Boyne, John. “A Ladder to the Sky”, Hogarth, 2018.
A Ruthless Man
Maurice Swift is handsome, charming, and has great desires for fame. He seems to have everything but what he needs to be famous—talent. He knows he does not have talent but he’s not about to let a detail like that stand in his way. After all, writers can find stories anywhere and they don’t need to be his own.
Maurice was a waiter in a West Berlin hotel in 1988 and finds the perfect opportunity: a chance encounter with celebrated novelist Erich Ackermann, a desperately lonely older writer. Maurice manages to tease out of Erich a terrible, long-held secret about his activities during the war. This gives him just what he needs to write his first novel.
Once Maurice tastes literary fame, he knows he can stop at nothing in keep the high it gives him. He moves from the Amalfi Coast, where he matches wits with Gore Vida to Manhattan and London and perfects his talent for deceit and manipulation by preying on the talented and vulnerable in his calculated and cold-blooded climb to the top. What he does not realize is that the higher he climbs, the further he has to fall.
“A Ladder to the Sky” looks at Maurice, a relentlessly immoral man and a story thief who will steal your stories, and, in essence, your soul. Maurice can write but his stories are boring so he uses his physical beauty and charm to get to famous writers in order to steal from them. Maurice is a story thief, he uses people for their ideas and throws them away when he gets what he needs. He drains people’s souls and leaves them with nothing.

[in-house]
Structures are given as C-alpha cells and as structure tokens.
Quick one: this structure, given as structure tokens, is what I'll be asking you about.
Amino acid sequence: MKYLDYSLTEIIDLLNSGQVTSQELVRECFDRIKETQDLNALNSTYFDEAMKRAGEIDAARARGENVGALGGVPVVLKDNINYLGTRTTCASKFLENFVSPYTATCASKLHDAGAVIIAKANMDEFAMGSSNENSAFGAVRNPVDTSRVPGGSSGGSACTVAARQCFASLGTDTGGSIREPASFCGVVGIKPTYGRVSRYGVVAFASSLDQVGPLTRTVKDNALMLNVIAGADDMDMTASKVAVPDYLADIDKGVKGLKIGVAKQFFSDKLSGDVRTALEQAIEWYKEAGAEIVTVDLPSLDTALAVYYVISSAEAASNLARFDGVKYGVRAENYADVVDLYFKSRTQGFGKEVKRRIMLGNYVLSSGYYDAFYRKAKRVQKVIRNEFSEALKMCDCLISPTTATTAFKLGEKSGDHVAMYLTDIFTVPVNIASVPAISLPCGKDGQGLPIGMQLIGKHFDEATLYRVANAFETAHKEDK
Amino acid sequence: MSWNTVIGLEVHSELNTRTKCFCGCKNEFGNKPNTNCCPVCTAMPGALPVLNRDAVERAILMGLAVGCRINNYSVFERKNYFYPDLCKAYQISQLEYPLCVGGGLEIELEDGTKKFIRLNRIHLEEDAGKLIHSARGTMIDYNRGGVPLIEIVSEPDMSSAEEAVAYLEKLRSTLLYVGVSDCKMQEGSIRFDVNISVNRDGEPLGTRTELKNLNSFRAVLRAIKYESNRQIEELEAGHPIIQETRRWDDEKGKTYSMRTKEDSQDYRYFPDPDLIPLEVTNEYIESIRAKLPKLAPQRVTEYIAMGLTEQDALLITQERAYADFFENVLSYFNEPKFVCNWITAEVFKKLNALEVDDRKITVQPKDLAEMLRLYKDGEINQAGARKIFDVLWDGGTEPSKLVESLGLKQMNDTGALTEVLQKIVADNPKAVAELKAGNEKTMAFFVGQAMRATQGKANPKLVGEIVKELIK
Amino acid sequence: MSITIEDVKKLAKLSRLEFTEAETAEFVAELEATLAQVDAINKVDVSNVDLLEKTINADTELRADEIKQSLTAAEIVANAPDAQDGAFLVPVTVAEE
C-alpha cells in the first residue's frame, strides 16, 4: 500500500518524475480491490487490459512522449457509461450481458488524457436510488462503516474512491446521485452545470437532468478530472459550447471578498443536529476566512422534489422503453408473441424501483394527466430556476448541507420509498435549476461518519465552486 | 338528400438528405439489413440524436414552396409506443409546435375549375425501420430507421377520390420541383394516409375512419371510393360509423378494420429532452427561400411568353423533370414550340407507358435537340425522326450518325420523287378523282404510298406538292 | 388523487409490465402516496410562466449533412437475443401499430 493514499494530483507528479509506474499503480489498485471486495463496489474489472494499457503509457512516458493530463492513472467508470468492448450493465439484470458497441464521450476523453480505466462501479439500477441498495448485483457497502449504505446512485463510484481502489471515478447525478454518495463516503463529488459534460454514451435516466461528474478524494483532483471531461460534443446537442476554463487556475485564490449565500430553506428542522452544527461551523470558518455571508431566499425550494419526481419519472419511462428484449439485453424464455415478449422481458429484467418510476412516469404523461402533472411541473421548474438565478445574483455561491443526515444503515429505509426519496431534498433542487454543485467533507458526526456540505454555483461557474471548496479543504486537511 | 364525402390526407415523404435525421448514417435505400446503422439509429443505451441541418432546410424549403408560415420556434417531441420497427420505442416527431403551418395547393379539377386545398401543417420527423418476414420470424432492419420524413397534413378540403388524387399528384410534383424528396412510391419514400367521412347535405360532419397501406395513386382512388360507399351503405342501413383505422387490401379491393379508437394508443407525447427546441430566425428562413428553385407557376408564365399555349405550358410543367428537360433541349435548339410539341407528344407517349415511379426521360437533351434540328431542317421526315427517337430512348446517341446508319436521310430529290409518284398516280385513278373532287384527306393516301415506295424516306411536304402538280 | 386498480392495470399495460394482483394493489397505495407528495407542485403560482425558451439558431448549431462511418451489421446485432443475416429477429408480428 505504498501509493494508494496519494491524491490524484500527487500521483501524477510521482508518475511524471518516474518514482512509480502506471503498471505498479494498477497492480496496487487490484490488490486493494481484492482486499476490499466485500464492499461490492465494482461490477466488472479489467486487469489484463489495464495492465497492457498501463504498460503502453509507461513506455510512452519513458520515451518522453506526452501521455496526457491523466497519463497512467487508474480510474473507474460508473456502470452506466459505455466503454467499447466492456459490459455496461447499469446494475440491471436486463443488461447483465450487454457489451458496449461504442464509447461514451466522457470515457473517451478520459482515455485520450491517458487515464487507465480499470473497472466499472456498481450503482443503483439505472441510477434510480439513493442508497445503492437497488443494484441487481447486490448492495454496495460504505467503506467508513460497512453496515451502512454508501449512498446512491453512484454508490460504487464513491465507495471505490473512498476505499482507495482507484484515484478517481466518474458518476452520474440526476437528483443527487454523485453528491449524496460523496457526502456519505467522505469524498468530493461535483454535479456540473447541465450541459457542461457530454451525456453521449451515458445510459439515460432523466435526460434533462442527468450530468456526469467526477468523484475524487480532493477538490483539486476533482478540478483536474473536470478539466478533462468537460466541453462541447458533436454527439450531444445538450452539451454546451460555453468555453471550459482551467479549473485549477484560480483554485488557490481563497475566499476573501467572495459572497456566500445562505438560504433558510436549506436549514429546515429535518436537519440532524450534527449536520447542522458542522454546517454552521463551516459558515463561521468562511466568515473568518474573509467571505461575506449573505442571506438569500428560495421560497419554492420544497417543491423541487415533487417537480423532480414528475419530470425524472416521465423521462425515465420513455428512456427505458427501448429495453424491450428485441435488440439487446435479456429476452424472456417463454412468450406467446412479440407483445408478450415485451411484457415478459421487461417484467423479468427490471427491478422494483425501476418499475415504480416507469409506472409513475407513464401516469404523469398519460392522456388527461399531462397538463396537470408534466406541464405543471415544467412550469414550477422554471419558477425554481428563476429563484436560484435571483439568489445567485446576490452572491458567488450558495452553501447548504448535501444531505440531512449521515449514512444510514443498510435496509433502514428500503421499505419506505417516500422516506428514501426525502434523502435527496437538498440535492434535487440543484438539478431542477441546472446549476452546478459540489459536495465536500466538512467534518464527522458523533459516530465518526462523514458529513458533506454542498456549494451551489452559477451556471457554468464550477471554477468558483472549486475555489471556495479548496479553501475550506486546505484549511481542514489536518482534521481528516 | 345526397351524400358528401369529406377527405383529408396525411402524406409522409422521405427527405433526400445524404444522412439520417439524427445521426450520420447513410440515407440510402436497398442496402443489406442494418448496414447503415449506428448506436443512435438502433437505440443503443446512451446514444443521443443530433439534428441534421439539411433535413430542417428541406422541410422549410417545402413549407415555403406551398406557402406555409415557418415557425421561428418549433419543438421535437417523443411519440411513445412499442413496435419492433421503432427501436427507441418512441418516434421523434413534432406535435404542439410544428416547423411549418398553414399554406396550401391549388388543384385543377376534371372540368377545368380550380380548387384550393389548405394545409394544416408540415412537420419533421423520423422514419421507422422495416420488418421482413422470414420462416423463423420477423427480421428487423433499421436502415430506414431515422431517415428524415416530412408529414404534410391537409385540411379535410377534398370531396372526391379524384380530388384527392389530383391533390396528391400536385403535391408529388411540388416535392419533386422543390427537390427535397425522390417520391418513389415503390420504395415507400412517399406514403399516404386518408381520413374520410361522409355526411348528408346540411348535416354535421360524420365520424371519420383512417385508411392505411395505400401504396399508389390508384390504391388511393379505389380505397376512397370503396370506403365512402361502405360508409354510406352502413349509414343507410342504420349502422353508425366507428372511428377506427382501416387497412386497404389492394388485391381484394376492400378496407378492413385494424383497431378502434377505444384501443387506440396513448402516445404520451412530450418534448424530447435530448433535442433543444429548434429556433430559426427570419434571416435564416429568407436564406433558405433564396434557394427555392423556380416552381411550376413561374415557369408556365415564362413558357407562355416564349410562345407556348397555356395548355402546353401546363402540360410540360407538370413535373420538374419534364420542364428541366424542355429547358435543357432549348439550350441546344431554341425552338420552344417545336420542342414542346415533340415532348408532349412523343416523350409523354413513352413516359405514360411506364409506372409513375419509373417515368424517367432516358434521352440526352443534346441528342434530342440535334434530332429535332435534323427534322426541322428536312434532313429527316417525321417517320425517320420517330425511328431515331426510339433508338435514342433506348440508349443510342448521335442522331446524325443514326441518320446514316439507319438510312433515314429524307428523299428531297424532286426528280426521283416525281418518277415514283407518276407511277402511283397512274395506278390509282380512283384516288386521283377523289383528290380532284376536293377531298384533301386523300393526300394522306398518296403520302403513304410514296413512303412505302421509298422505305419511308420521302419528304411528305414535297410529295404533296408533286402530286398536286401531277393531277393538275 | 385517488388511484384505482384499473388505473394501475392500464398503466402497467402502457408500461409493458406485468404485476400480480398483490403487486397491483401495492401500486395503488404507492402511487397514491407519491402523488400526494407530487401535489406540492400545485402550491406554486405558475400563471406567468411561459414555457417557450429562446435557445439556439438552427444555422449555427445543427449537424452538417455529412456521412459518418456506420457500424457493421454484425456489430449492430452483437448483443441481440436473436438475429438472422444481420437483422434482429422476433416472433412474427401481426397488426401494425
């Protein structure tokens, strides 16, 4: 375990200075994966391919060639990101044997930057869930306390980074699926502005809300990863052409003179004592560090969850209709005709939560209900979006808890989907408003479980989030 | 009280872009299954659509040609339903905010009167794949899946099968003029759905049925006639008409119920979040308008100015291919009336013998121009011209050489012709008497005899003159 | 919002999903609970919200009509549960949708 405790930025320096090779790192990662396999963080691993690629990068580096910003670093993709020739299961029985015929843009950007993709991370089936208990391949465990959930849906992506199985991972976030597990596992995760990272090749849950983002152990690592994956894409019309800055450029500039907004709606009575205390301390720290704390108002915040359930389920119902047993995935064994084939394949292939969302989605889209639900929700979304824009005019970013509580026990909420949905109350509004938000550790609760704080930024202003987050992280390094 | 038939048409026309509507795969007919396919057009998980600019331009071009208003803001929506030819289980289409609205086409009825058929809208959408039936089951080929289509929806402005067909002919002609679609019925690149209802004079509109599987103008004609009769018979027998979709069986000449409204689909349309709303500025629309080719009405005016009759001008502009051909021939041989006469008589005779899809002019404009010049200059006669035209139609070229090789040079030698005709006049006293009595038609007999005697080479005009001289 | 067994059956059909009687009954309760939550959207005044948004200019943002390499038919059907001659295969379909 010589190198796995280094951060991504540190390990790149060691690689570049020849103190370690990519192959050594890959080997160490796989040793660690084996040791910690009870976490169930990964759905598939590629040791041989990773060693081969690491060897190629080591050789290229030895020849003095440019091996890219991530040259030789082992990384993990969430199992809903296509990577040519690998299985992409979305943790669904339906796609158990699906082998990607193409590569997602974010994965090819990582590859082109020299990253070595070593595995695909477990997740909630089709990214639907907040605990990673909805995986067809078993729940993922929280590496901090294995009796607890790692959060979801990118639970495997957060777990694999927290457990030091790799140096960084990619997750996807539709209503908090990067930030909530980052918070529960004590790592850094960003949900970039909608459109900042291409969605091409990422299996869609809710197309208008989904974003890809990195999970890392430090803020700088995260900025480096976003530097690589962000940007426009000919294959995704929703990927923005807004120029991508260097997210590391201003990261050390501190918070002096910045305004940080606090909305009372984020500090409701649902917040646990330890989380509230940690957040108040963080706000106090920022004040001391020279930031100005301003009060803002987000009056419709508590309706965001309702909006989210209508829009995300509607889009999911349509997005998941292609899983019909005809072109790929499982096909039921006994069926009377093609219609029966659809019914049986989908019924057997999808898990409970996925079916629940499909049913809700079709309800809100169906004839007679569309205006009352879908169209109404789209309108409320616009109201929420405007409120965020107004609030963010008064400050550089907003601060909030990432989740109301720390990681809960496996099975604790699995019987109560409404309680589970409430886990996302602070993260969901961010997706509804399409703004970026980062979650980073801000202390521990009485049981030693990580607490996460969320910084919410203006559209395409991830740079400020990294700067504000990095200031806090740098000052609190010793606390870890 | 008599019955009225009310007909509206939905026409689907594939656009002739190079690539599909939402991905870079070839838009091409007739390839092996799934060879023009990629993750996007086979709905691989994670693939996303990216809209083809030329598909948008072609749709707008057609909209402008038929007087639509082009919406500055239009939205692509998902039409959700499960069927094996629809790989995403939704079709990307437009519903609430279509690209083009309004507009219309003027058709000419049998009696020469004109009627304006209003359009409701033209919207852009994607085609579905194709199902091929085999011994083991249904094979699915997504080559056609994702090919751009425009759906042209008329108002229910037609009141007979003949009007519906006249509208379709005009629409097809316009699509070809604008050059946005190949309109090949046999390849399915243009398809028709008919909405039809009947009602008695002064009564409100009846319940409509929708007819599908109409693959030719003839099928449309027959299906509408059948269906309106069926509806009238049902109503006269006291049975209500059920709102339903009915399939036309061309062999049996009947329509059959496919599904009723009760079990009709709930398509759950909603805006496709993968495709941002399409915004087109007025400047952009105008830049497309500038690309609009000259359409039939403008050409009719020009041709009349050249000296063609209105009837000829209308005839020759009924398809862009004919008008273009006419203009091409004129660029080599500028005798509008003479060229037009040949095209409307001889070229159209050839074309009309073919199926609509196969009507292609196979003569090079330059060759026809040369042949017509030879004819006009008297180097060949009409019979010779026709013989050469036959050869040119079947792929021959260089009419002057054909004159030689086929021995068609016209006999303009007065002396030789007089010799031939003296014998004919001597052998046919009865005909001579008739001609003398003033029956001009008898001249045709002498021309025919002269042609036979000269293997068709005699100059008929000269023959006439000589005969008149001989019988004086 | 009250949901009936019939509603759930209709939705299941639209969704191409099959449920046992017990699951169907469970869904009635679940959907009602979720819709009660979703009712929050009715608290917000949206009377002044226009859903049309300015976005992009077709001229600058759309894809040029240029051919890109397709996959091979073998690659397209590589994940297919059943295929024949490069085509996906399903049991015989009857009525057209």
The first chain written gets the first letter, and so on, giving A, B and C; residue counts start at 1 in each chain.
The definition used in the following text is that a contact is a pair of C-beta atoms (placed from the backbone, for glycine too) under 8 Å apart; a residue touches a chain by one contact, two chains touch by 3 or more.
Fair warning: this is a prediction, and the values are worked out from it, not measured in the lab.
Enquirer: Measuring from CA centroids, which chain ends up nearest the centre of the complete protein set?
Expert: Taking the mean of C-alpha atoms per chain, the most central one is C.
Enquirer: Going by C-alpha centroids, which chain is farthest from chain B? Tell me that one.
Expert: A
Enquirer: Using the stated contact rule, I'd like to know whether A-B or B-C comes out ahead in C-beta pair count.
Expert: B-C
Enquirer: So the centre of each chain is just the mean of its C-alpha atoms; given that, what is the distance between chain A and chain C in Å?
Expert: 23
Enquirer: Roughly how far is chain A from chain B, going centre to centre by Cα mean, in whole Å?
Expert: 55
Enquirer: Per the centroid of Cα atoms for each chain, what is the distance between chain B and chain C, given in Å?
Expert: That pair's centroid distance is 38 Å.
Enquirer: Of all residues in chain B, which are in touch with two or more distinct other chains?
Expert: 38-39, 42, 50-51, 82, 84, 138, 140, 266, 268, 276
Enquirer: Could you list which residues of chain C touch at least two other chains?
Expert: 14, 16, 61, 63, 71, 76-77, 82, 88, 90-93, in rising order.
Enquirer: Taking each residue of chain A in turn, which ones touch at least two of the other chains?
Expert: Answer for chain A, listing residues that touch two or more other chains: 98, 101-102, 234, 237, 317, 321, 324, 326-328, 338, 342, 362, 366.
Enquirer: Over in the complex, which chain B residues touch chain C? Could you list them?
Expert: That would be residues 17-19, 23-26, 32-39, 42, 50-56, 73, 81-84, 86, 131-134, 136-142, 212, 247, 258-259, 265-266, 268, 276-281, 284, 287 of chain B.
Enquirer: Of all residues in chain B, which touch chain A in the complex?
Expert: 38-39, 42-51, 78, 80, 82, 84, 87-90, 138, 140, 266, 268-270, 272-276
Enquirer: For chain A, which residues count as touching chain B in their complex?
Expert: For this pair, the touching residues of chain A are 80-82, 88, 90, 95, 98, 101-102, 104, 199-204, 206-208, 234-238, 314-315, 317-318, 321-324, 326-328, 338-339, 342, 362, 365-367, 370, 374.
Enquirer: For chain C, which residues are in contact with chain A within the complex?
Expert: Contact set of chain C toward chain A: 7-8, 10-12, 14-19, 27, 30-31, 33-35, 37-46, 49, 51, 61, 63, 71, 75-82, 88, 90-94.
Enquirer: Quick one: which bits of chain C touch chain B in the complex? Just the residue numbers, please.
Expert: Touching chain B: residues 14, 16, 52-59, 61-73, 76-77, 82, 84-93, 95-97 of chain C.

Erich Ackermann was Maurice’s first act of destruction. When he was done with Erich, he simply discarded him and moved onto his next victim doing whatever necessary to get the stories that he needs. Once he has achieved his first conquest, he continues to take and take and take. His story is told in three parts by three different narrators. It is hard not to be enthralled and charmed by Maurice and as much as I came to really abhor him , I was anxious to see what he would do next. The character of Maurice is brilliantly drawn and intriguing. Boyne’s writing is wonderful and his novel is intricately plotted and filled with multi-dimensional complex characters and even though we could predict how all of this would end, we could not predict how far Maurice would go for fame.
After meeting Gore Vidal which makes him uncertain of how far his looks can help him succeed, he moves from literary circle to literary circle, from the U.S. to London and all over the world, in search of his next opportunity. As he moves through his life, the stakes get higher and higher—until there’s nothing he won’t do for fame. He is a totally amoral character, and as much as we dislike him, we admire his cunning and ambition.
We are pulled into the story from the first page and stay engrossed until we close the covers. Boyne gives us an unforgettable protagonist who is both dangerous and irresistible and who shows us a cynical portrait of the literary world.